Oxycodone is a habit-forming drug that helps treat short and long-period pain. The duration of the medicine stays in your system depends upon various factors. An individual who takes Oxycodone may worry about its effects on the blood testing.
Oxycodone is a potent opioid that is generally prescribed for treating mild to severe pain in people who are tolerable to the medicine. It is a schedule II controlled substance, which means it has a high risk of misuse and abuse, with use potentially resulting in physical or psychological dependence and addiction. Additionally, the use of this medication carries the risk of overdose and drug interaction.
It is able to be detected in your blood for about one day. The medicine can still be detected in various types of screening of drugs for as many as three months after the last use. It can be detected through hair, saliva, blood, and urine tests. It is available in various forms such as capsule, tablet, and liquid solutions.
The extended-release form of Oxycodone is also available. Some common brands of this medicine include Oxycontin, Percocet, Roxicodone, and others. As an illegal street medicine, it is commonly known as hillbilly heroin.
How long can you feel the effects of Oxycodone?
The standard forms of Oxycodone are taken every four to six hours, but the extended format is generally accepted for 12 hours. The onset of the pain relief occurs 10 to 15 minutes after taking a single dose of the drug. The pain-relieving effects reach a peak between 30 to 60 minutes after consuming a quantity for many people.
The peak blood level occurs 30 to 60 minutes after the ingestion. For an extended-release form of this medicine, there is the second release in about seven hours. When you first start taking this drug, you should reach the steady levels of the medicine in your bloodstream after 24 to 36 hours. The plasma level of this medicine can be higher in females, people with liver impairment, and elderly people.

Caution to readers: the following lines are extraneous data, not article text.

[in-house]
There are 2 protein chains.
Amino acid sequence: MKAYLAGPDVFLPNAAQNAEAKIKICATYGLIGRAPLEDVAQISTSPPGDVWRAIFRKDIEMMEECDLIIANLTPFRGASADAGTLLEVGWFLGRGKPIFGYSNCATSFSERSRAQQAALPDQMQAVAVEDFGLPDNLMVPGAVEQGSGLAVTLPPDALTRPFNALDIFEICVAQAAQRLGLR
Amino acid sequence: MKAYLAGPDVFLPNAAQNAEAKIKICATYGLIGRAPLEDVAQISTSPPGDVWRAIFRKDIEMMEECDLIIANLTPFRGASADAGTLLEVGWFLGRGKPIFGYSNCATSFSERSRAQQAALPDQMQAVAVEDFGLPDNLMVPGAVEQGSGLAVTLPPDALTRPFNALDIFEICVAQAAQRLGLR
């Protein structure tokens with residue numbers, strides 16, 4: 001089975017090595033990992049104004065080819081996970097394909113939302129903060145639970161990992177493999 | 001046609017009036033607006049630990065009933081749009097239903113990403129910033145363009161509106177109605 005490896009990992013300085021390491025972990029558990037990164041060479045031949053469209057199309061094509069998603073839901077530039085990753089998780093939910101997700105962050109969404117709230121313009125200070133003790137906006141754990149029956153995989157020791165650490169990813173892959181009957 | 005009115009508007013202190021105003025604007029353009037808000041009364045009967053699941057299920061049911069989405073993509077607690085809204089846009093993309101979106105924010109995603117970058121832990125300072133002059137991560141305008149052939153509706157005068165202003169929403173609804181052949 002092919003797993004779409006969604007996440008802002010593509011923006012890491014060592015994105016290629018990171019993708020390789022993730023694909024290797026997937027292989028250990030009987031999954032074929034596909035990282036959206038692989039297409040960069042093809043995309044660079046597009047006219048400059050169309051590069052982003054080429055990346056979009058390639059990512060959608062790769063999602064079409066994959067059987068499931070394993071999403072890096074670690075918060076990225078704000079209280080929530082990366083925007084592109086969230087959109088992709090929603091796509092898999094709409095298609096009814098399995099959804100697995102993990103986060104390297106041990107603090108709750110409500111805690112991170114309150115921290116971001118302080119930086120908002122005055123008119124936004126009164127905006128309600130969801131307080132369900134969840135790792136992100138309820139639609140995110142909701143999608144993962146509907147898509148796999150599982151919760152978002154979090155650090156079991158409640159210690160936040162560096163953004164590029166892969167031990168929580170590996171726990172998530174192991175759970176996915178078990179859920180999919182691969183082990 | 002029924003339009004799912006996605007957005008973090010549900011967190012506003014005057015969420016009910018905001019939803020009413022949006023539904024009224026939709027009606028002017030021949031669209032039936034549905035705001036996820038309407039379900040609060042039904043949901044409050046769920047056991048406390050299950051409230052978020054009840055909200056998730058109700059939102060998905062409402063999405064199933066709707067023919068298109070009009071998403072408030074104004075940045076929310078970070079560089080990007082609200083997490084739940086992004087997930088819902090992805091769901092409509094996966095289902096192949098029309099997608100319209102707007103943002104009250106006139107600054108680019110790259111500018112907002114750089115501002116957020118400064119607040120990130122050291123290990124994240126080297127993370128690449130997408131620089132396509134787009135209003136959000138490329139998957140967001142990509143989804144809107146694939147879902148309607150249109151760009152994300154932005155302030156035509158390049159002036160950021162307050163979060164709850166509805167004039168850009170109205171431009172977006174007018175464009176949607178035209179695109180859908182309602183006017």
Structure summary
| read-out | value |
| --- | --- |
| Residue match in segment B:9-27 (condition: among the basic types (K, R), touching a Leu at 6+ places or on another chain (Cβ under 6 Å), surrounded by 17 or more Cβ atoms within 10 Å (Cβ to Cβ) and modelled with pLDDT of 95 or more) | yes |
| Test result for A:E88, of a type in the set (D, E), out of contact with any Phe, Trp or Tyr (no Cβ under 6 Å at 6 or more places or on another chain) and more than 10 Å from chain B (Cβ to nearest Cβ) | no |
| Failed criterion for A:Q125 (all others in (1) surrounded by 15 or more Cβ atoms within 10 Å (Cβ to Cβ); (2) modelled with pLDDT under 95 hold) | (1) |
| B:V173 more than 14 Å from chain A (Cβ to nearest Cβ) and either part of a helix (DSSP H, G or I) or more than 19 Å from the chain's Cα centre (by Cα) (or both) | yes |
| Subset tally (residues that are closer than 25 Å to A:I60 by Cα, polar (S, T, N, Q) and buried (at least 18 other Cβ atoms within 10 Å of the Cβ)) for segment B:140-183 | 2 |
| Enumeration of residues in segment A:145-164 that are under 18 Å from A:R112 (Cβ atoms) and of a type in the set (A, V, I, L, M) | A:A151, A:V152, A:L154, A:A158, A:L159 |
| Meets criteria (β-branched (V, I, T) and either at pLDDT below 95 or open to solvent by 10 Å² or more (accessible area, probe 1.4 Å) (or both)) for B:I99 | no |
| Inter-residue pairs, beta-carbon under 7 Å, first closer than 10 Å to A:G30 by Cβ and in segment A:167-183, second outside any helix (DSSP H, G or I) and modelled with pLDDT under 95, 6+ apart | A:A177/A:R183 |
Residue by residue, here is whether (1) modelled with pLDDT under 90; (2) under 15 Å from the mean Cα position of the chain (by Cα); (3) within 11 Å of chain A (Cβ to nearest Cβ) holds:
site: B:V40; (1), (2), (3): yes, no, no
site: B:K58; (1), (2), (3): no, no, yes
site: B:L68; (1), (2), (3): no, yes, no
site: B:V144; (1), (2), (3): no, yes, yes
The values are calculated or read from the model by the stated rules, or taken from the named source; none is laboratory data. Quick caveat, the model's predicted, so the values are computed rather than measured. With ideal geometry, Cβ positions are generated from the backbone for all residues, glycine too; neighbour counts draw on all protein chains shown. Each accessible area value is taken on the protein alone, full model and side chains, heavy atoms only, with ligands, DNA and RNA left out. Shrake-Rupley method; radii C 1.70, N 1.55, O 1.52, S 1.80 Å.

Oxycodone can also cause some side effects that may include:
- stomach ache
- dry mouth
- mood changes
- flushed skin
Some severe side effects may include seizures, lightheadedness, swelling, hives, chest pain, vomiting, nausea, and changes in heart rate. If you experience these symptoms, you should contact your medical professional immediately.
How long does it take Oxycodone to stay in the system?
Some people take Oxycodone every 6 to 12 hours, depending on the versions of the medicine they use. When it is almost time to take the next dose, many people no longer feel the effects of the drug from the previous amount. However, the medicine may remain in the body for much longer than the effects last.
On average, this medicine stays in the urine for about two to four days following the last dose. In a study, it was found that the average duration of about 30 hours following a dose.
However, the actual detection window may vary due to several factors, such as:
- Metabolism: Many people’s bodies metabolize medicine faster than others.
- Dosage: the smaller dose exit the body more quickly. Your body can generally metabolize many amounts.
- Hydration: Drinking a lot of water may help to dilute the urine and shorten the detection window.